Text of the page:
The letter of the law

Question of the day. Why do mental health professionals believe they are above the law?

It definitely is that way when it comes to staff on mental health wards. They believe they have the ultimate power to do what they like when they like to the patients under their care.

On the ward I was on just a few weeks ago, I was calmly minding my own business in the quiet room when out of nowhere 7 staff, yes SEVEN staff members came into the room demanding that I hand over my phone to them.

Apparently someone on Twitter (I believe to be another BEH ward manager) had called up the ward as they didn’t like the fact that I was talking about my experiences.

I was told by the lead nurse that my tweeting was illegal! I asked whether he knew what I was tweeting and he said no. I was happy to show them the tweets, but they were intent on making this a mob like coercion. A mentality used all too often on this ward.

These seven staff included nurses. Mental health nurses. An RMN officially goes through 3 years of training and examinations to be able to do the job of caring for people. Instead, somehow they use their collective [brute] force to try attack patients in a way which is unacceptable and illegal. They treated me in a way which nobody should be treated

Had this event happened on the streets, the people involved would be arrested in violation of attempted theft and had they actually taken the phone by force, Common assault (s.39 Criminal Justice Act 1988) and Theft (the Theft Act 1968).

I stood my ground and refused to hand my phone to the bullies. Ironically they went away when they thought I had recorded the incident. I wish I had.

To be on a locked ward with constraints on what you can do was one thing. But to then be shouted at and threatened with restraint so that they could take away the only belonging you own that helps keep you in touch with the outside world? That’s just twisted. Or if we’re going down the Line of Duty route – bent!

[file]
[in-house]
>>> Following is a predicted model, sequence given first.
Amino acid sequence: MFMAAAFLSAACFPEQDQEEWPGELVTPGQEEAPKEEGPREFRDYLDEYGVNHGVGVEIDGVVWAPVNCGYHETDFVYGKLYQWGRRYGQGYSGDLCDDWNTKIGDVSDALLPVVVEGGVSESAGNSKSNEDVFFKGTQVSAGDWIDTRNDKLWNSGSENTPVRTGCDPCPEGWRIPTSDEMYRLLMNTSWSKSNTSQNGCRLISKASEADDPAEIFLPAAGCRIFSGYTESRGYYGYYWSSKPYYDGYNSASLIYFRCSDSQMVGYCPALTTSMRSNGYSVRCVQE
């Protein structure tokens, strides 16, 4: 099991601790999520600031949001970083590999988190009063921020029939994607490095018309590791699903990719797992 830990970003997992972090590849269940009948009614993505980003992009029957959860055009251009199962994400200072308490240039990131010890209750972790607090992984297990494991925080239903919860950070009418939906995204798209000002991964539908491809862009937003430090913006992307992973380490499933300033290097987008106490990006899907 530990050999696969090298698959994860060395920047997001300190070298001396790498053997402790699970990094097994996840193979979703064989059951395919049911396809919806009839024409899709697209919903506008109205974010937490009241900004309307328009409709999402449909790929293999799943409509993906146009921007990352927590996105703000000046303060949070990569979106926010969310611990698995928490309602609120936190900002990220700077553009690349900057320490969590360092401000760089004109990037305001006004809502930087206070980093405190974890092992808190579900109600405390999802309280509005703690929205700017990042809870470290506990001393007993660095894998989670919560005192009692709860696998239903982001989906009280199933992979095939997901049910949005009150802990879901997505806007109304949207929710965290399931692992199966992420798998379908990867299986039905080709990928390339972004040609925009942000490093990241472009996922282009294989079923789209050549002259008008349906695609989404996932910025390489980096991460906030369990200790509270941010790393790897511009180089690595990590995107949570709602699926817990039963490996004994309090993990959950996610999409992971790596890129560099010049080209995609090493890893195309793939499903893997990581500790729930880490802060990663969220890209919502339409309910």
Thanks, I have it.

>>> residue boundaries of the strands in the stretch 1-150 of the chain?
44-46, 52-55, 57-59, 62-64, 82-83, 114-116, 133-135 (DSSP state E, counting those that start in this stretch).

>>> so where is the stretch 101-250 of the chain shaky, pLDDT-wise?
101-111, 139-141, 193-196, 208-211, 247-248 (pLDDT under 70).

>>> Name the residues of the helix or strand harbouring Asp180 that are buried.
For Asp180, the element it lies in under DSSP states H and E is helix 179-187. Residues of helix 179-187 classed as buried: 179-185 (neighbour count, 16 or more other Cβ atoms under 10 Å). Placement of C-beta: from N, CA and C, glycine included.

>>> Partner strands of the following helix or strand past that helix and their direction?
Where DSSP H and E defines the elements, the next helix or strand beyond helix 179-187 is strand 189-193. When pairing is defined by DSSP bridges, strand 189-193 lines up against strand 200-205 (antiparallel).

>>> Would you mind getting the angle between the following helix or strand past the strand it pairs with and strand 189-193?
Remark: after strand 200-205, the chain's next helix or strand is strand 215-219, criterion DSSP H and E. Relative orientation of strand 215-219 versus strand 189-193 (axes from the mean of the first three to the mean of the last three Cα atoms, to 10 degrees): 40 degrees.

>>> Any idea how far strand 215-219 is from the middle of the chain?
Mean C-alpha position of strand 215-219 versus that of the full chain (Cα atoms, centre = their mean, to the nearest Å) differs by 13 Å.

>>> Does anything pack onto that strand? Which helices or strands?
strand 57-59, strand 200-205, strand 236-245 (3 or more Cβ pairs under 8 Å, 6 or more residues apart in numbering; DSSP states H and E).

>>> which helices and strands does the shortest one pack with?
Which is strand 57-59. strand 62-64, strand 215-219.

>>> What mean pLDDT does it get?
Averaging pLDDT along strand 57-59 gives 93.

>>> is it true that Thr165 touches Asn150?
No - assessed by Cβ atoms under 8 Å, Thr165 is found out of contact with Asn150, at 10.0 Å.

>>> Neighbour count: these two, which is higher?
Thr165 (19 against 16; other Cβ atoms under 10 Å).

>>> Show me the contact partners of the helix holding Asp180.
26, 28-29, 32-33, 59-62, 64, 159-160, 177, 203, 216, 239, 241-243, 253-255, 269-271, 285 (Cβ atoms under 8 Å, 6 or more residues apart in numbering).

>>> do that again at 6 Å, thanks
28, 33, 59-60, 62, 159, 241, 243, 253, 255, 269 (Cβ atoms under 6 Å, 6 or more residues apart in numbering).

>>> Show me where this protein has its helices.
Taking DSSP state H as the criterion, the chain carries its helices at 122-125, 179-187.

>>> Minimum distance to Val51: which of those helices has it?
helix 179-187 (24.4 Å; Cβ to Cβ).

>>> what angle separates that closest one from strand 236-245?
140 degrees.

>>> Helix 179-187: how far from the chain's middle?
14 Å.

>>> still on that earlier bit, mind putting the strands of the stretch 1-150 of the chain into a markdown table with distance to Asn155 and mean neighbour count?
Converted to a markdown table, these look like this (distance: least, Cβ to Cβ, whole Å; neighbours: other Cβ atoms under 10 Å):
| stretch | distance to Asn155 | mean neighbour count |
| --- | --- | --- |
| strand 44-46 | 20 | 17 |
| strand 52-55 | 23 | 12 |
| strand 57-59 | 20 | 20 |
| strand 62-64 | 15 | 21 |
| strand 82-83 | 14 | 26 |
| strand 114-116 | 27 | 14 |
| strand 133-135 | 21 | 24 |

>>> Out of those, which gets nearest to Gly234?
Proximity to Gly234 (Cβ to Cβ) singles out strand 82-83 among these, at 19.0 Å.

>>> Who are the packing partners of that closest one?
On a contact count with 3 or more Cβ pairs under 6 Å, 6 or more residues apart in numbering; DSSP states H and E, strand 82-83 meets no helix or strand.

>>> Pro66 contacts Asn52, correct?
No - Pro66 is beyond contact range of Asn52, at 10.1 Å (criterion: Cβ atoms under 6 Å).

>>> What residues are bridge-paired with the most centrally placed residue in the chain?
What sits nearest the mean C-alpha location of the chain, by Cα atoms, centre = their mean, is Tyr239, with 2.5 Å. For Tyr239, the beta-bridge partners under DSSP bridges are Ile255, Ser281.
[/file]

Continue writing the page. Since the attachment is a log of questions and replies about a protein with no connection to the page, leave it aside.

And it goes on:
The Human Rights Act 1998 and the Mental Health Act 1983 are both statutory laws governing the way in which people should be treated. I could go into more detail but don’t want to bore you too much. The very basics are that every person has the right to live and go about their daily business without being treated inhumanely.

As a law student, I learnt thousands of statutes and tens of thousands of case law by heart for exams. And what do these mental health nurses know? I asked the ward manager whether he knew the articles of the Human Rights Act and he just deflected the question saying that I don’t know every law. I never claimed to do so. But if I were working in mental health, I’d be sure to know what I can and can’t do. And intimidation, coercion and bullying? You shouldn’t even need to have a law to remind you. It’s basic.

So for all those mental health professionals who believe they are above basic morals and the law, I hope to god that one day you will pay for your actions. I will meanwhile do my very best to ensure that people get to know about what is happening behind those locked ward doors. I will keep writing so that I stop what happened to me, happening to anyone else. I can only hope and pray that you look long and hard at what you do for your work and maybe if you can’t treat people in a civil manner, try a job that doesn’t involve other living beings (including plants. Note – even cacti will die under mistreatment…)

Ps sorry about the Line of Duty references. I am a fan as you may have realised. And there are so many parallels between the bent coppers and bent nurses it’s alarming. Now I just need a few burner phones to hand to them when they demand I give my phone in 😅

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